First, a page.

Story and photos by Sharon King Hoge
488 George Street,
Sydney NSW, 2000
If "people who live in glass houses shouldn't throw stones," as the saying goes, don't carry even so much as a pebble when you check into the glorious glass box that is the Hilton Sydney. The four lower public floors are a transparent showcase housing the reception desk, and upper public rooms in gleaming clear glass, a shimmering tower of transparency. And another maxim that applies to this stylish hotel is "location, location, location" for the hotel is poised right in the center of the city's busy shopping and business district with three handy entrances: one facing the classic Victorian market on main thoroughfare George Street, another on busy parallel Pitt Street, and a third on the handy passageway linking the two busy streets.
Greeted by bellmen at the central door, you're pointed across the polished marble lobby to an efficient check in desk beside a swirling multi-story statue which thrusts upstairs through the lobby. Your eyes follow its twists upward through to the restaurants and bars upstairs while across the way on the building next door ledges of plantings provide a green accent.
After receiving your key, you're sent up to a room that is compact, convenient and comfortable. Facing you on the far wall as you enter is a window with wonderful cityscape views. (compact comfortable room) Beside the king size bed, an efficient desk is "communications central" with plenty of outlets, a clock radio alarm with CD player, DVD player, electric controls to close the black-out window blinds. All switches are clearly labeled to avoid confusion, Cards on the desk tell you what band is playing in the Marble Bar downstairs and invite you to call the front desk if in need of a book to read yourself to sleep.
A comfortable green suede armchair is paired with a stool that can double as a storage surface, supplementing the luggage ledge located above three handy spacious drawers. A card beside the king size bed offers a choice of pillows including the "boomerang" for TV watchers and book readers and the "silent night" with a gusset for neck support. Smoked glass cabinet doors conceal the coffee machine and refrigerator. The closet is stocked with a safe, ironing board, slippers, and a roomy terry robe.
The bathroom is a design delight with a basin alcove which provides plenty of space for setting out your own cosmetics as well as the supply of Peter Thomas Roth amenities which is the chain's trademark brand. The space also handily accommodates a full tub and a shower with the unusual feature of handles on a side wall enabling you to turn it on and adjust the temperature without dousing yourself in the process.
Fitness facilities are provided next door in the Living Well Health Club, the largest hotel gym in Australia, outfitted with state of the art Precor machines, spaces for cardio and resistance training, a 25 meter swimming pool, and classrooms for 60 exercise sessions per week. (exercising in the health club) Since outside subscriptions are sold it's an opportunity to find yourself working out and mingling with local residents. The hotel rents bicycles for those who want to pedal around town or tour the spacious parks just a few blocks away.
Drawing inspiration from the origins of Greek mythology where it is said that Alyssum is a place where the gods go to rest, the Alysium Day Spa offers hot stone and body clay treatments based on authentic natural healing methods gathered from cultures around the globe. A special jet lag treatment with reviving oils and hydrating gels uplifts and rejuvenates after the long flights from overseas. Pierre Haddad Hair Management is a full service salon with state- of the-art treatments for thermal reconditioning and extensions in addition to simple cuts, color, blow dry. (space to relax in Alysium spa)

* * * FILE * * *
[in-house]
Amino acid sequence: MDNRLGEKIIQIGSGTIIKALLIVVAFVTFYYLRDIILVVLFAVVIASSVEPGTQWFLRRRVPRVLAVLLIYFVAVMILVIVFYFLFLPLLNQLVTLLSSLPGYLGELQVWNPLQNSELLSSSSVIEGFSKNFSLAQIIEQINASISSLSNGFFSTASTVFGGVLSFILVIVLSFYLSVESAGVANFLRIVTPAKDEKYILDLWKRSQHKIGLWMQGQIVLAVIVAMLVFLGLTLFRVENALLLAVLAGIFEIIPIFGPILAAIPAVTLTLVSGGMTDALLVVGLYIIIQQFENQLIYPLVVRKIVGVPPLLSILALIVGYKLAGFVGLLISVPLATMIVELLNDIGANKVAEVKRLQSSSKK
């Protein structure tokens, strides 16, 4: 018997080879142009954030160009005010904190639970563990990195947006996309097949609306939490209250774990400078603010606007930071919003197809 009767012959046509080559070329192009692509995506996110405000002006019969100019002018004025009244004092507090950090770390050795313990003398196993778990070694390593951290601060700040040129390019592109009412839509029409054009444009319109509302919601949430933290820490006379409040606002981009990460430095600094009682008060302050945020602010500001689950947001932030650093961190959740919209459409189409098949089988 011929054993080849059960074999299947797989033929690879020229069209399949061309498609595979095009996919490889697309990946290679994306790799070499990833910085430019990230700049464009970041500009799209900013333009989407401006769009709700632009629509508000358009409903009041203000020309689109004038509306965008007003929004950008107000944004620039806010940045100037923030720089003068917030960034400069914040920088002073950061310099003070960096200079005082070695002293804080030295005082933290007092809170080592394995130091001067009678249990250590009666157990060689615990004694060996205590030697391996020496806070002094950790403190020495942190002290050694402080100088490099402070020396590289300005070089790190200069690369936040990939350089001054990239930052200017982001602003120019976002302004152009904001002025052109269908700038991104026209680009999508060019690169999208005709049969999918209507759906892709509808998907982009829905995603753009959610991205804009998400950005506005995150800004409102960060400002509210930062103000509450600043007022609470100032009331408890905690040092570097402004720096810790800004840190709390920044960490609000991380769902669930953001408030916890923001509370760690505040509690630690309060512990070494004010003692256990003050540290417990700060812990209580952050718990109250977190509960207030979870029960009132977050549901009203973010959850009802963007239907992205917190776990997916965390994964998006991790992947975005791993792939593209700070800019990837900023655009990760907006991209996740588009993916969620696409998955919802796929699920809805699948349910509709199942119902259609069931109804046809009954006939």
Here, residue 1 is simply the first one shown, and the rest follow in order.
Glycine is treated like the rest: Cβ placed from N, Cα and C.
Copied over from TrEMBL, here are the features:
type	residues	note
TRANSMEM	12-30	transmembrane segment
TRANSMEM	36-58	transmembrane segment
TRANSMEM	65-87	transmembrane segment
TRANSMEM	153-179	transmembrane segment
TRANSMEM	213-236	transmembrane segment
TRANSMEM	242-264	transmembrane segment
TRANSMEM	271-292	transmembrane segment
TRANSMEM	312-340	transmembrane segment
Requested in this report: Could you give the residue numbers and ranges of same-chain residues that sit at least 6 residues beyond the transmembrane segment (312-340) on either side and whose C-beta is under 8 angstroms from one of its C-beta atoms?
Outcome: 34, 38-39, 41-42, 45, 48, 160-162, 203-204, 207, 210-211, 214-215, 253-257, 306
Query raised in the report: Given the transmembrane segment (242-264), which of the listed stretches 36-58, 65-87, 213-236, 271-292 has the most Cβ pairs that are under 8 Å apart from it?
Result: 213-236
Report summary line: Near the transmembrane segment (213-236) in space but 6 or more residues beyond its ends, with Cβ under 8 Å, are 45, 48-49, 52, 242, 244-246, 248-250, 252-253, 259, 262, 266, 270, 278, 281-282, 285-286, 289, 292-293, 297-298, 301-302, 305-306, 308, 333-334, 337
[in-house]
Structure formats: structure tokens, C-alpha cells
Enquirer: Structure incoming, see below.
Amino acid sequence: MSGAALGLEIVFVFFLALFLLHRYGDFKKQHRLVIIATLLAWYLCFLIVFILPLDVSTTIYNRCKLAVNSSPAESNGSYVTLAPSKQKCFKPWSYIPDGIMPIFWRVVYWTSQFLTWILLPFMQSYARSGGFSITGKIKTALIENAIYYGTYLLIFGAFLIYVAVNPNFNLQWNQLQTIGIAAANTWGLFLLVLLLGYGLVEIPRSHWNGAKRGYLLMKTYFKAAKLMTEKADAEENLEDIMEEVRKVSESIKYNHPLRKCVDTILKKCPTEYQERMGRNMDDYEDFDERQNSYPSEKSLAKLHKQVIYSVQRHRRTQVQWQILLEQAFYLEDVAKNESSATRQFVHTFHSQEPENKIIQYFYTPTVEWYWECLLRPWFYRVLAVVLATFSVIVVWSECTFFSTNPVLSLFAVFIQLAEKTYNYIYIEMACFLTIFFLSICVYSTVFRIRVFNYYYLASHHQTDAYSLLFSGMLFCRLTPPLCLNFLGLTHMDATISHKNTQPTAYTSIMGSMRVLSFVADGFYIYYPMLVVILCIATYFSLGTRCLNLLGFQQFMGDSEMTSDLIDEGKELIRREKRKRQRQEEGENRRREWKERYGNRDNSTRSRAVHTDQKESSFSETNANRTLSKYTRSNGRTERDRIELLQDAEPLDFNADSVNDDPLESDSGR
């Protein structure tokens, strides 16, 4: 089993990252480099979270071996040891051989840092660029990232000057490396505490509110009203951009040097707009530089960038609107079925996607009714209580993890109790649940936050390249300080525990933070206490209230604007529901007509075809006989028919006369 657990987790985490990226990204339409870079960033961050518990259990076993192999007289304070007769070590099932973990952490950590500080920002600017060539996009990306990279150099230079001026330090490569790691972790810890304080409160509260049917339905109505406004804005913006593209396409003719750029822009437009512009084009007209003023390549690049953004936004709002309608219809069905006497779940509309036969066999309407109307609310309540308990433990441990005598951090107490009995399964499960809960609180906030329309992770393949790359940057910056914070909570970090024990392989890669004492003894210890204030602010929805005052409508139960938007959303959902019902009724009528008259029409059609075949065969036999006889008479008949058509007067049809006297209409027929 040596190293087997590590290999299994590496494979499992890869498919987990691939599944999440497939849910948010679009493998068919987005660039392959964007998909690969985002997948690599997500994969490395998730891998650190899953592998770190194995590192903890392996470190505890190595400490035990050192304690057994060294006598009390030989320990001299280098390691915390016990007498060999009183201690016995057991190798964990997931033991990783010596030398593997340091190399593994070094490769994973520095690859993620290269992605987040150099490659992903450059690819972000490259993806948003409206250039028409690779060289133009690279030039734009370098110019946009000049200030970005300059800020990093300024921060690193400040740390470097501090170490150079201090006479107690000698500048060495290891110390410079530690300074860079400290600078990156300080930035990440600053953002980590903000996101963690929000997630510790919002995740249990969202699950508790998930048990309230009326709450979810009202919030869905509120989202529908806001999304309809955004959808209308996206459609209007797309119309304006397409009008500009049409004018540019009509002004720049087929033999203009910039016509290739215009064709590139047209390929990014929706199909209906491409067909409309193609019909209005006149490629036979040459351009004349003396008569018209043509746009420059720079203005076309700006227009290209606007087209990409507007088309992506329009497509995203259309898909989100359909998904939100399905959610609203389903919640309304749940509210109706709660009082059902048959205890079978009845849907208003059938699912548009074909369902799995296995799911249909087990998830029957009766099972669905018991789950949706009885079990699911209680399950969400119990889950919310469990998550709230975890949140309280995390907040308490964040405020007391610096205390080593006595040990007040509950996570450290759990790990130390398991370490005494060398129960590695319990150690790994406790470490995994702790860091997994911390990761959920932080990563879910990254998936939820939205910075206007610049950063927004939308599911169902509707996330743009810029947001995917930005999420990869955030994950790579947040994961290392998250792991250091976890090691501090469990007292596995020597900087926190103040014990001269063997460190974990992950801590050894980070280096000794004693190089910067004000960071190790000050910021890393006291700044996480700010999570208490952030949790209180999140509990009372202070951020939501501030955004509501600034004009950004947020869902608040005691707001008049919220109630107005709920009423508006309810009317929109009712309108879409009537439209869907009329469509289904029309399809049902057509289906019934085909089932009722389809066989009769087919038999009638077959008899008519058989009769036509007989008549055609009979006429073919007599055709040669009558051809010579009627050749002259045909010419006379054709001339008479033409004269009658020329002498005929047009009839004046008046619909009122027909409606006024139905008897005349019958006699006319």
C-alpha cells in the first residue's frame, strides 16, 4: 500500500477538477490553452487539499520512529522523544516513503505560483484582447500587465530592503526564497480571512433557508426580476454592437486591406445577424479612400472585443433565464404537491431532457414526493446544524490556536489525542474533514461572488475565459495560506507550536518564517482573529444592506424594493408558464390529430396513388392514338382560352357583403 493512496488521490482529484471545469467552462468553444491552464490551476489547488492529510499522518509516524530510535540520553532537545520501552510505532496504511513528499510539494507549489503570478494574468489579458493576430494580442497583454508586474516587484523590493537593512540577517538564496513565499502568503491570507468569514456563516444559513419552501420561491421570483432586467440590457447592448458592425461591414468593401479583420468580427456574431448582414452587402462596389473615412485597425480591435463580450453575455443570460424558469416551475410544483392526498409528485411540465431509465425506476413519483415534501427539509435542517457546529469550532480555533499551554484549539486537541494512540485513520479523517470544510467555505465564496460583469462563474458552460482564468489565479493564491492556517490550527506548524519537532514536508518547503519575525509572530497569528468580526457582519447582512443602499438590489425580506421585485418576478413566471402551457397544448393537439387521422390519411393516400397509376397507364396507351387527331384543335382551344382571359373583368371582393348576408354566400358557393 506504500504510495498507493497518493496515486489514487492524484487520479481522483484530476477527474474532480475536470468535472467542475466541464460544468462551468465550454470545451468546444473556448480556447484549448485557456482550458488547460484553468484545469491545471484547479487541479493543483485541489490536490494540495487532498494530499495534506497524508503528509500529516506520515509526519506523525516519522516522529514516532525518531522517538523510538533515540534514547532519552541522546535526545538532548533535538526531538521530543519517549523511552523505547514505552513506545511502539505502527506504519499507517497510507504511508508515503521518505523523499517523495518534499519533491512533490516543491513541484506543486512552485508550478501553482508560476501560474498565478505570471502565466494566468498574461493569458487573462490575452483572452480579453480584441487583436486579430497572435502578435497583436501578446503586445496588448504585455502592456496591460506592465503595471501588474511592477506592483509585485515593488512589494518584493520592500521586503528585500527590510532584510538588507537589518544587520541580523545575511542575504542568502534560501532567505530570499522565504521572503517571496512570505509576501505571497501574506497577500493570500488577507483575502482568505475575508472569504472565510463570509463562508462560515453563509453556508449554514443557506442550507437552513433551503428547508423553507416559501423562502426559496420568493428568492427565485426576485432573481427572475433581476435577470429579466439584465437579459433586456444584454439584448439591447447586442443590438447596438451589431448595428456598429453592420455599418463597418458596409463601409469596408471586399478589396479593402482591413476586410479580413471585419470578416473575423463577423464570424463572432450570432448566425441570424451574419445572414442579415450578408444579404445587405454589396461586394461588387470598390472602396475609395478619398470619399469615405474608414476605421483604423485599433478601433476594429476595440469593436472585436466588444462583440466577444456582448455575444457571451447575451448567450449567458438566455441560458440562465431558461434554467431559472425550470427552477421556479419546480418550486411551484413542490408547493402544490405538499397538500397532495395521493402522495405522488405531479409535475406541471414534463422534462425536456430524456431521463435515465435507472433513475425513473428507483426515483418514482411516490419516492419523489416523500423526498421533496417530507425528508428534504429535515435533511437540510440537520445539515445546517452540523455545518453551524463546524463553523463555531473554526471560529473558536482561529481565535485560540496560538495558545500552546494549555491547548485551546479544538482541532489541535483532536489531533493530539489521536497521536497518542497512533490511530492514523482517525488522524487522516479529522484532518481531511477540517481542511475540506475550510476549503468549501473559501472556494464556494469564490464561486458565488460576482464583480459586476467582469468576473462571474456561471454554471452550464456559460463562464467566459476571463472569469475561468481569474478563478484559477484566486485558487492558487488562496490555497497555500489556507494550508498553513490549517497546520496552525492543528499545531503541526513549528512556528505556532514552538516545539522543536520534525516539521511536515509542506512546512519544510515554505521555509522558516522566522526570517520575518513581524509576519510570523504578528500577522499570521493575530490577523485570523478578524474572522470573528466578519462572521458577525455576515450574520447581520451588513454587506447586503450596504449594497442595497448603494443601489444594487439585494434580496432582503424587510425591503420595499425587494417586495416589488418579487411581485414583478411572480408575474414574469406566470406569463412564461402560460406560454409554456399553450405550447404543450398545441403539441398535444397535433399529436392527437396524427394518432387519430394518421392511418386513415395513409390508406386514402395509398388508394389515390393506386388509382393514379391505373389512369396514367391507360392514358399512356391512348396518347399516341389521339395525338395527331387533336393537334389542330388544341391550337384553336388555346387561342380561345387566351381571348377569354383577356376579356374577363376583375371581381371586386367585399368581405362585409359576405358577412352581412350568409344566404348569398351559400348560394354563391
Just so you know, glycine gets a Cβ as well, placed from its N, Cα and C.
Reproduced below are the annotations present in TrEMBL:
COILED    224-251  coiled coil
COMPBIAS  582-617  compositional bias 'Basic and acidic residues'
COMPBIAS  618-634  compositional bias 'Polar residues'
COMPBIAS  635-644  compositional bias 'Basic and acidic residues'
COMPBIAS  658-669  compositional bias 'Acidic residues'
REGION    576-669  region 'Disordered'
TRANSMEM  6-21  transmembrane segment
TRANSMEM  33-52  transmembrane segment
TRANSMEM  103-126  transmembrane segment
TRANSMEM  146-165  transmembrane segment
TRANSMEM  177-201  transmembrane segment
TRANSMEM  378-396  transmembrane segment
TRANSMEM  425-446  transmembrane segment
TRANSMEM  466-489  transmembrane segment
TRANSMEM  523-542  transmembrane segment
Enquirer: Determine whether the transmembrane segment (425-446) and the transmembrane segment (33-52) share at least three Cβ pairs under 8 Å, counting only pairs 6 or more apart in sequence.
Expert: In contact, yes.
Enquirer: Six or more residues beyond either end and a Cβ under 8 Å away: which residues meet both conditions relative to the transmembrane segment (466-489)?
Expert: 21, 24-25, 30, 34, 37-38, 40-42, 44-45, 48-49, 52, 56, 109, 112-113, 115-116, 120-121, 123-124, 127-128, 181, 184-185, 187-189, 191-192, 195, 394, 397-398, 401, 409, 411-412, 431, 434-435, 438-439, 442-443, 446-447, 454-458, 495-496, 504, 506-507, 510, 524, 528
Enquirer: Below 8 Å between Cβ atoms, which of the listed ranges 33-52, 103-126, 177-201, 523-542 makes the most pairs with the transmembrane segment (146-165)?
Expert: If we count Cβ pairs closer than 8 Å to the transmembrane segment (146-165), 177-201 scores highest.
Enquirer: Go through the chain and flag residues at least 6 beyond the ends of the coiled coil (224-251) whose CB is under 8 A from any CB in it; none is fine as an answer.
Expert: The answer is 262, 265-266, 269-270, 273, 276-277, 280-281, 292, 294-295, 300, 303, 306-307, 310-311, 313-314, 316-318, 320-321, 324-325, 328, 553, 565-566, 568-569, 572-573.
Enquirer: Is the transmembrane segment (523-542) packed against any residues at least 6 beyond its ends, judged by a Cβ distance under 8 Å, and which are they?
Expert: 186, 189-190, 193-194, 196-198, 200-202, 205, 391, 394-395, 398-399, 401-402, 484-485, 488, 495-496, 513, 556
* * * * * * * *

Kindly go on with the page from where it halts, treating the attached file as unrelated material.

In addition to room service, there are many tempting nearby dining choices. The hotel recommends a list of favorites in the "Travel Guide" it provides, but there are excellent choices within the hotel itself. Breakfast, snacks and cocktails are served to Hilton Honors guests on the executive floor (Executive lounge) The Glass Brasserie is an Australian interpretation of the classic French eatery. In its internationally acclaimed interior created by New York designer Tony Chi the open plan "kitchen theater" serves menus based on the abundant choice of local produce and devised by noted chef Luke Mangan. Caffe Cino in the stylish glass lobby is a place to linger over the complimentary newspaper with a cup of cappuccino or flat white -- Australians take their coffee very seriously. Besides light lunches, afternoon tea, wine, the Caffe provides takeaway snacks and beverages.
For cocktails the hotel offers contrasting options. Tapas, oysters, and cheese are served in the Glass Wine Bar with 440 boutique wines in 3000 bottles spanning the entire length of the space. Zeta is described as a "progressive" cocktail bar, where a sophisticated local crowd comes to sample playful and cutting edge cocktails concocted by noted mixologist Grant Collins. -- the deconstructed Margarita comes bathed in a fog of dry ice and the "smoke and mirrors" includes an entire frozen pear. (deconstructed Margarita) With plush leather chairs, Moroccon-style nooks and an indoor/outdoor terrace with unique and breathtaking views of the charming clock on Victoria Market across the street -- it is literally a place for those who want to "rock around the clock." (Breathtaking view of Victorian market) Or there's the choice of the hotel's Marble Bar, a trip back in time Victorian bar vintage 1893 it's marble arches and elaborate carvings have been fastidiously reconstructed. A popular live music venue, it's a cozy and historic place to sip Pimm's Cups before departing back through the lobby into the shiny ultra modern era.
© June 2015 LuxuryWeb Magazine. All rights reserved.